North Carolina City Ignores Its Own Rules To Keep Homeless Shelter Out Of Its New Home

For more than 30 years, the Catherine H. Barber Memorial Shelter has quietly served North Wilkesboro and broader Wilkes County in North Carolina. It’s a small, temporary shelter with 10 beds that helps those who have fallen on hard times get back on their feet; the maximum stay is generally two weeks. Most nights there are a few empty beds, but on occasion the shelter—the only one in 70,000 resident Wilkes County—must turn away the needy. After losing its lease on the home it has occupied for three decades, the shelter was offered a new building, free of charge. But it may never be able to move in.

A local dentist moved his practice and offered the shelter his now empty office building. And it is an ideal space for the shelter. It is located along a highway business district; is far enough from houses, schools and parks; has enough square footage; and has sidewalks in front—just as the town’s zoning code requires.

Yet a town board recently denied the shelter the permit it needs to start remodeling its new home and open its doors. Why? Because the shelter would be next to a busy road and its clients would use the sidewalks. “But wait,” you might say, “Aren’t those two of the written requirements?” Yes, and it’s exactly why the shelter is teaming up with the Institute for Justice to file a lawsuit against the board, demanding that it follow its own rules and approve the permit.

Catherine Barber was known for opening the doors of her home for those in need. When she passed away in 1989, her family opened a shelter in her honor to continue her legacy of providing for the community. After losing the lease at its original site, it temporarily moved to a Methodist church.

When the shelter was approached about the empty office, its board of directors and staff thought it was a godsend. A few years ago, when a charity in a neighboring county explored opening a new shelter in North Wilkesboro, the town amended its zoning code to add specific requirements for shelters, including that they obtain a conditional-use permit from the town’s Board of Adjustment—despite the fact that other overnight uses, like temporary drug and alcohol rehabilitation facilities, do not need a conditional-use permit.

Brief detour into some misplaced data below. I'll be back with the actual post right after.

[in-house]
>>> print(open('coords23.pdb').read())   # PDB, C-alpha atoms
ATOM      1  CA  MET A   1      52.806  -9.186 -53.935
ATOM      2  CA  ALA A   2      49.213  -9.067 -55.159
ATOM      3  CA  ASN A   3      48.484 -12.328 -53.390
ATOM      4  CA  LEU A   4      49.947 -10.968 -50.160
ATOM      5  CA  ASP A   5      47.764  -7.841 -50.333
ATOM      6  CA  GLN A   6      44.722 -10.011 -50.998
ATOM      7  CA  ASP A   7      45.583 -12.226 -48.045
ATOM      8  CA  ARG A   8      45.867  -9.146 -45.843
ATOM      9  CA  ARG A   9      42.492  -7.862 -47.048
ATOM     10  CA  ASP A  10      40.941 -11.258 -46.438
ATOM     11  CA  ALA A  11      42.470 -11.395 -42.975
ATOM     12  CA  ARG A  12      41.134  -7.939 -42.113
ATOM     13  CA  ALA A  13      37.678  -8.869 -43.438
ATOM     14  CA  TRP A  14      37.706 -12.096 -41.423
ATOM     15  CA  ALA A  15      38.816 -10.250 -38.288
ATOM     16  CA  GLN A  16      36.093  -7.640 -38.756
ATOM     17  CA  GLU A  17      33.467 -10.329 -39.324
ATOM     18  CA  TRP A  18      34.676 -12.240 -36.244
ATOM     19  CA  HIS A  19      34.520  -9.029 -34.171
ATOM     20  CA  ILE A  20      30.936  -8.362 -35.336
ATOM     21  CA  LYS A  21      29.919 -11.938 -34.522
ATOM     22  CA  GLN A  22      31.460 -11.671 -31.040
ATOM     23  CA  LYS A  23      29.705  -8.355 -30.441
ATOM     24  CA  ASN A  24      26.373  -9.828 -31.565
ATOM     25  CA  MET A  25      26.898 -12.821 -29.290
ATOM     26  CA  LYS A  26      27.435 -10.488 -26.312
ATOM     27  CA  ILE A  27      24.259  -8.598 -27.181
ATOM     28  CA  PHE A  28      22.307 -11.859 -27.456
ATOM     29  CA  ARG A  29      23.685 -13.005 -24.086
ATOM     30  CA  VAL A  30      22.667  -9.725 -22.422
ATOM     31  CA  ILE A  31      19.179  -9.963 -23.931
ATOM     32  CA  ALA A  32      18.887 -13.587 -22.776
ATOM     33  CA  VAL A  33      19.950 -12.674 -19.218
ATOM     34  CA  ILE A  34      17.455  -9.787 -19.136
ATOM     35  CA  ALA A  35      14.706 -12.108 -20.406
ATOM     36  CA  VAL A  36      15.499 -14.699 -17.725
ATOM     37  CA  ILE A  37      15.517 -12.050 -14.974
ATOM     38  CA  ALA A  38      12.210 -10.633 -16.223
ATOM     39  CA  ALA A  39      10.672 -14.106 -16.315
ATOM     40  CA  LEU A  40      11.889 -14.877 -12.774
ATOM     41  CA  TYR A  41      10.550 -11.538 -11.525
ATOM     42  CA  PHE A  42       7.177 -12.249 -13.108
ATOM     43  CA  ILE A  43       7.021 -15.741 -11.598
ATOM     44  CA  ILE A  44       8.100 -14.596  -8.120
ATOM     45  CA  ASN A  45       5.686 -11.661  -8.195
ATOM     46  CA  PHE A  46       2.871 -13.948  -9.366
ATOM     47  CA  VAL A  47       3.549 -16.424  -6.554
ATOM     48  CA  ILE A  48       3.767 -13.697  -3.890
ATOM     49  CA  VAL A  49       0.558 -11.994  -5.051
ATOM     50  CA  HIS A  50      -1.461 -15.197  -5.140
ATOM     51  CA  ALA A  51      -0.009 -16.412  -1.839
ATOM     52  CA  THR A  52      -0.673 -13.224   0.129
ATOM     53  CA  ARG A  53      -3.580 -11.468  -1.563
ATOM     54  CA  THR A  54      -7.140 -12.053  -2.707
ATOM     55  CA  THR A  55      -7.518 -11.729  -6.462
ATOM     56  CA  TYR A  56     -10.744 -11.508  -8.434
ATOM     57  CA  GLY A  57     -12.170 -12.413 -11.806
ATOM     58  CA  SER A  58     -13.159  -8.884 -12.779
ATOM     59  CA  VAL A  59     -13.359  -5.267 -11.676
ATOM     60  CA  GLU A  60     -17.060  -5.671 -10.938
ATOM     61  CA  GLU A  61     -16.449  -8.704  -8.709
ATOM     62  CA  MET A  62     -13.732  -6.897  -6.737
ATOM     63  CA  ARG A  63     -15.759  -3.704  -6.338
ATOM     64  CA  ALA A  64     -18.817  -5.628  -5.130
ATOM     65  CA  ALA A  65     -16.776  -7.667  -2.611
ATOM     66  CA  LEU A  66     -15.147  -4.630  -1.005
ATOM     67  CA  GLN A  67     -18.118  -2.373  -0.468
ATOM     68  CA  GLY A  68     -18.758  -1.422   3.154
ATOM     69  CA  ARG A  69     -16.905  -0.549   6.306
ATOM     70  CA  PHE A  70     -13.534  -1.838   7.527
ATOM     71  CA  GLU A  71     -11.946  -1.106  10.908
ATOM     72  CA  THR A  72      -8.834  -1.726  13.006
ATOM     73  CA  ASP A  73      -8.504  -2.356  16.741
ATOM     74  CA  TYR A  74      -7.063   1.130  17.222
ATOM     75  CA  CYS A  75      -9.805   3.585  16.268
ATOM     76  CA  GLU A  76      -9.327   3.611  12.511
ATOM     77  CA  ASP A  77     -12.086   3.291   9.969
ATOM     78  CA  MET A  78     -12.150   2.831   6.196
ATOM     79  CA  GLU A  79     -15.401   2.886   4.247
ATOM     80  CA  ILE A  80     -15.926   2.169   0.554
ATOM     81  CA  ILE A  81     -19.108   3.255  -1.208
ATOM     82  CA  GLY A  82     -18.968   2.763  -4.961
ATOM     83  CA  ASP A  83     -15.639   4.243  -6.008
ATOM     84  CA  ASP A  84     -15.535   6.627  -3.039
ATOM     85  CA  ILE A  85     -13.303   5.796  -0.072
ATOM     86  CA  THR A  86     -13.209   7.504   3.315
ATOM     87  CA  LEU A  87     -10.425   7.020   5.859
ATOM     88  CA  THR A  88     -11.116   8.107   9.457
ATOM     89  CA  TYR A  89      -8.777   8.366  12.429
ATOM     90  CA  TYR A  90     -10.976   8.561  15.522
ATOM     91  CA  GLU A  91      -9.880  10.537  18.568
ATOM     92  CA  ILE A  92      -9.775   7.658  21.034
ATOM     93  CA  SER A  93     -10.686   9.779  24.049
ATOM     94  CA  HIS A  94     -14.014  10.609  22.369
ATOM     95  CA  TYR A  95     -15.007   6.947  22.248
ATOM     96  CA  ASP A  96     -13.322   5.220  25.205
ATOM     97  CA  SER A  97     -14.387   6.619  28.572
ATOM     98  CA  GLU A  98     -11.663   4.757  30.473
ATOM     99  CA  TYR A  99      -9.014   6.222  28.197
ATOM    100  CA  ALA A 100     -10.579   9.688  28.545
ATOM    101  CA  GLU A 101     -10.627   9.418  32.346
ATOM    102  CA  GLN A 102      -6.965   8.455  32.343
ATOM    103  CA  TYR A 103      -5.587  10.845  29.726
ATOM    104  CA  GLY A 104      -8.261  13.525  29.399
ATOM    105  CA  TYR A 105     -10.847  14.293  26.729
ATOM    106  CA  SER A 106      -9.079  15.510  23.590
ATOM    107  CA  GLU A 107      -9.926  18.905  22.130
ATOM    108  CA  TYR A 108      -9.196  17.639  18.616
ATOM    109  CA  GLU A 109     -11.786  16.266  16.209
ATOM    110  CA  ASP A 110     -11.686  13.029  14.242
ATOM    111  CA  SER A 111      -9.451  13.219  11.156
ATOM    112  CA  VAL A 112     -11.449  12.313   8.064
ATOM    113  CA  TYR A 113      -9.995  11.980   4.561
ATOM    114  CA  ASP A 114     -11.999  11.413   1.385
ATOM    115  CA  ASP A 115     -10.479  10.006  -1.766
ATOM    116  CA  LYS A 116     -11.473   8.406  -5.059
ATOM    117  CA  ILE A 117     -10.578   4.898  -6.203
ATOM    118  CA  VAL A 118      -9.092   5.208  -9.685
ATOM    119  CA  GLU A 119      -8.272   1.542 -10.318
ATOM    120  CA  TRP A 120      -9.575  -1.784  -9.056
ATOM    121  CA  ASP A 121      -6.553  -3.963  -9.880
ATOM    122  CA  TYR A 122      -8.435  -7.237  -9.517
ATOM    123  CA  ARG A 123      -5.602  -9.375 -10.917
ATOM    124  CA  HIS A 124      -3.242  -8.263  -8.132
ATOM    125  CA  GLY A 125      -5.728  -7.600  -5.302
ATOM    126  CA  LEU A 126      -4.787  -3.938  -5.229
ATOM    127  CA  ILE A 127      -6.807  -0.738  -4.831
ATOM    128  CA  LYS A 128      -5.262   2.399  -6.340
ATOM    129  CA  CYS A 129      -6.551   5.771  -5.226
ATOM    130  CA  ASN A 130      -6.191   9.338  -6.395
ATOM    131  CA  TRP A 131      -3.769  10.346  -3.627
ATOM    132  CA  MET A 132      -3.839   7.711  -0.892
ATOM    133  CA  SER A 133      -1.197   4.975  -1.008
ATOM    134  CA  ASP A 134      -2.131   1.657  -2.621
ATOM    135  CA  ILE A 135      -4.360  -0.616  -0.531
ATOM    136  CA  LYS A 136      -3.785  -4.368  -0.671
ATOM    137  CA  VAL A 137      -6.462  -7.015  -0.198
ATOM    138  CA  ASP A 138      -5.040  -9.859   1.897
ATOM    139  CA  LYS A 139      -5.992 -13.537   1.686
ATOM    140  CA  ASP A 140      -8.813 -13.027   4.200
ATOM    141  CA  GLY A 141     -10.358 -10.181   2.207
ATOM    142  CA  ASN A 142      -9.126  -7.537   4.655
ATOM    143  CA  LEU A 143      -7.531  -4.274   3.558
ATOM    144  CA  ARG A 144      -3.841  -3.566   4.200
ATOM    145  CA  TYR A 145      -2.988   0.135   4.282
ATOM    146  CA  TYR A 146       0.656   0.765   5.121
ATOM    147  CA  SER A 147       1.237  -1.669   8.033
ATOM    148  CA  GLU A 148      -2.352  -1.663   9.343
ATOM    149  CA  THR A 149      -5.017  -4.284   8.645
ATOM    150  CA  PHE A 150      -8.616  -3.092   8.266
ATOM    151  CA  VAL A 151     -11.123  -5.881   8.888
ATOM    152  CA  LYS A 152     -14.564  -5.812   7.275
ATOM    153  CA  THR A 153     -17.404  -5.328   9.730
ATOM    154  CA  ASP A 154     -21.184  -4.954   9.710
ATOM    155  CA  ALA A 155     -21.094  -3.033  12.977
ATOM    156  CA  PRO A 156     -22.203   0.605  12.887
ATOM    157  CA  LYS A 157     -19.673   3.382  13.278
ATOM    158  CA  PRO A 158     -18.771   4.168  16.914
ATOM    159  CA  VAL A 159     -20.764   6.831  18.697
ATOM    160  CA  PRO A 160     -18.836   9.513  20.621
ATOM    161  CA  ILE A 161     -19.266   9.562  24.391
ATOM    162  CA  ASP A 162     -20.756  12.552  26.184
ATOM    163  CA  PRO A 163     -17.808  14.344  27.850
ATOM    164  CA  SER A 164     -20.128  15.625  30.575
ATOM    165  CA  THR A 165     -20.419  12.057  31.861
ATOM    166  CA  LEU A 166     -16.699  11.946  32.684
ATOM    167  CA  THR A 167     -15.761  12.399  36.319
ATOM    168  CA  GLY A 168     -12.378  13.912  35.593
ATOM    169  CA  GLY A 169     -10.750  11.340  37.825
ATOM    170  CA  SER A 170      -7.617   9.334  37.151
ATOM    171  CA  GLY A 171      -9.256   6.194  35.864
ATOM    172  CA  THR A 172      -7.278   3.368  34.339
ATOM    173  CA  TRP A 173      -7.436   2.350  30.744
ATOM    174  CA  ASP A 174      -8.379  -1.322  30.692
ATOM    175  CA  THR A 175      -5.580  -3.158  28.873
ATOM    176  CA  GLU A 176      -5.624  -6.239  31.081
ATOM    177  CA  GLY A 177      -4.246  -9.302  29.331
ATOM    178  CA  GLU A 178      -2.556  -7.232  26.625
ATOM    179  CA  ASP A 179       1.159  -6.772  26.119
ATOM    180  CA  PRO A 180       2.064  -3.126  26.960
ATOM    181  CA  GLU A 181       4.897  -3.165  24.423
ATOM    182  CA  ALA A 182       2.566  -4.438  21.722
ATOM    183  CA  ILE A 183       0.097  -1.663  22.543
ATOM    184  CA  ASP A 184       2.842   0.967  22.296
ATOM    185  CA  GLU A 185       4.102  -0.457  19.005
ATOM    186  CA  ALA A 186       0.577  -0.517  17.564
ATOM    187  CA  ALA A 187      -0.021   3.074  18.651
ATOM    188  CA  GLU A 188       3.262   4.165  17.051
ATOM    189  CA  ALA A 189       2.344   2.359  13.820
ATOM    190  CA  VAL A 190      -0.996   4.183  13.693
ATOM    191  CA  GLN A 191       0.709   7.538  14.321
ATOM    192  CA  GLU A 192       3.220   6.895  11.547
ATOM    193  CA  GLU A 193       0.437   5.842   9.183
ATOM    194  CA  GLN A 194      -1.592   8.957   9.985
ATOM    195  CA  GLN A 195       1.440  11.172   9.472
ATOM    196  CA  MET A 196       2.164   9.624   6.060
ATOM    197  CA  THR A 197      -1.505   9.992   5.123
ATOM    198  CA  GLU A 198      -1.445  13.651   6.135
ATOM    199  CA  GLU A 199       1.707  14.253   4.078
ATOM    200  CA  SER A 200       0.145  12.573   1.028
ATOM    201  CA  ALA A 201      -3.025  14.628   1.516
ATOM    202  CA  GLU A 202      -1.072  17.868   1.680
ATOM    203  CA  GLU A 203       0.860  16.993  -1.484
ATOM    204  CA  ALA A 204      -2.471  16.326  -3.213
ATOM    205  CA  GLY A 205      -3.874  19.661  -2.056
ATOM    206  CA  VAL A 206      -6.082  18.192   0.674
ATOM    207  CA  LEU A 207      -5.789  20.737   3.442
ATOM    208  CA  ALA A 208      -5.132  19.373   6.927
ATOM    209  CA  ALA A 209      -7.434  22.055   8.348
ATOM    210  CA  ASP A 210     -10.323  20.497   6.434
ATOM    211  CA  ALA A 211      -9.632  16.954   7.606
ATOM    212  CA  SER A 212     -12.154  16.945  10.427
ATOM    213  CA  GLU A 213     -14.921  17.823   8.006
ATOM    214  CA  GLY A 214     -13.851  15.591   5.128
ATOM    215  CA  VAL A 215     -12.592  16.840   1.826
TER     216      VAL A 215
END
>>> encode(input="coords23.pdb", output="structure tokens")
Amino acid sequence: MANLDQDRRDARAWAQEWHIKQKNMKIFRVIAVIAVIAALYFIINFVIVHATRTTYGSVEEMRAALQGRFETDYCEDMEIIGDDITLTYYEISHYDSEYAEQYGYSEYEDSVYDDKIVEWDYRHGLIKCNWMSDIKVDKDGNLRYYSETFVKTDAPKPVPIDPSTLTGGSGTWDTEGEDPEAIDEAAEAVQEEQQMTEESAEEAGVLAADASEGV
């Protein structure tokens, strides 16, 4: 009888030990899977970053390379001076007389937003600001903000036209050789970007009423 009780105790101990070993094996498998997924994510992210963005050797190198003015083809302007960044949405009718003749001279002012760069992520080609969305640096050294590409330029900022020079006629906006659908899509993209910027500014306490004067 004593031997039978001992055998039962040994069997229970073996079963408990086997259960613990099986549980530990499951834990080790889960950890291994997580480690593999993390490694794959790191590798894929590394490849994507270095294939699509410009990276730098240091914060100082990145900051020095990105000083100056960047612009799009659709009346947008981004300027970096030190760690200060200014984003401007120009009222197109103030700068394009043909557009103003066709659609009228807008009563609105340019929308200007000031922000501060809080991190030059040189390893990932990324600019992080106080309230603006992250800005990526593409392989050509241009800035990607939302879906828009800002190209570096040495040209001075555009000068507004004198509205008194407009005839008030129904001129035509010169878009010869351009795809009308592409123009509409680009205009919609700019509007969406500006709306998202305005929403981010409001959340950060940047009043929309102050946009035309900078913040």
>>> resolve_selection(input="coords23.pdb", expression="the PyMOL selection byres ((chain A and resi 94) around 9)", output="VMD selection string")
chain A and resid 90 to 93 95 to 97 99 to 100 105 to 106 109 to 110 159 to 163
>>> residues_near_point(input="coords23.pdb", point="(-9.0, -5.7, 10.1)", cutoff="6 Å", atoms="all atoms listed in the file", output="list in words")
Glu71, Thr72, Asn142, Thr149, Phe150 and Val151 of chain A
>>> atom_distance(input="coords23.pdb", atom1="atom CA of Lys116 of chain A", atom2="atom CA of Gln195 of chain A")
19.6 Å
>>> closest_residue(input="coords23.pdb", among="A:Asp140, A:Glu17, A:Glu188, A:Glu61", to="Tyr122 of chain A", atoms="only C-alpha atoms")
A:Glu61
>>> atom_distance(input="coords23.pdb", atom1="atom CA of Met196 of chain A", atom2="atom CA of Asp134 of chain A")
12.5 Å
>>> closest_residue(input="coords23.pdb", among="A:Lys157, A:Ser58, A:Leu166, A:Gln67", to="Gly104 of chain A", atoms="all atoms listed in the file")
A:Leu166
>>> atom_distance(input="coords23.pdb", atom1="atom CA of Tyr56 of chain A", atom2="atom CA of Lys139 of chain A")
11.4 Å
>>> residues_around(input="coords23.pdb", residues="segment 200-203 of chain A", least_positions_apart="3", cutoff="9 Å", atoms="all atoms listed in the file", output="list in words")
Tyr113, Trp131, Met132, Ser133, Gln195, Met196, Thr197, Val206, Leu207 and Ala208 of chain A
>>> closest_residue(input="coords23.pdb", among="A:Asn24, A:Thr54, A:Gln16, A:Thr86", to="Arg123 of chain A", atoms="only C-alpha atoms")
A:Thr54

However, when confronted with the Barber Shelter’s application, the board moved the goalposts. Actually, it’s more like the board removed the goalposts, painted over the lines on the field, and rewrote the rulebook. Again, the board nonsensically said that the shelter at that location would be unsafe by being near a busy road and having sidewalks out front. But the board offered two additional objections.

One added objection was that the shelter could lower property values. The allegation was merely speculation as the board offered no study or proof showing that this would happen. On top of that, many legitimate land uses cater to low-income people and don’t raise property values, something they aren’t required to do. To do so would make it practically impossible for a shelter to open anywhere.

Another objection was that the shelter would not be in “harmony” with its neighbors. But the town never explained what it meant by “harmony,” so there is no way for anyone to figure out how to meet it. In the case of the shelter’s possible future neighbors, members of the board insisted the shelter would be harmful to a nearby church, though the church itself never raised an objection to the shelter’s application.

The gaping holes in the board’s reasoning suggest that these aren’t the real reasons the town is fighting against the shelter. But government bodies can’t write the rules as they go along.

Local zoning boards have grown immensely powerful, even dictating the type of plants that residents can grow in their yards. But the U.S. Constitution requires the board to follow its own rules and treat property owners equally.

Supreme Court precedent is squarely on the side of the shelter. In a 1985 decision, the Court ruled that a city couldn’t treat a home for the intellectually disabled differently than other similar land uses and deny it a permit without a legitimate, rational reason for doing so. As in the shelter’s case, the home met all the written requirements and the city simply made up reasons for its denial.

“All we want to do is serve our clients and our community,” said Barber Shelter Chair Elizabeth Huffman. “It isn’t right that the town is making up reasons to keep us out.” It’s also not constitutional. The board may think it can rewrite the rules to fit its idea of what North Wilkesboro should look like, but the ends don’t justify the means.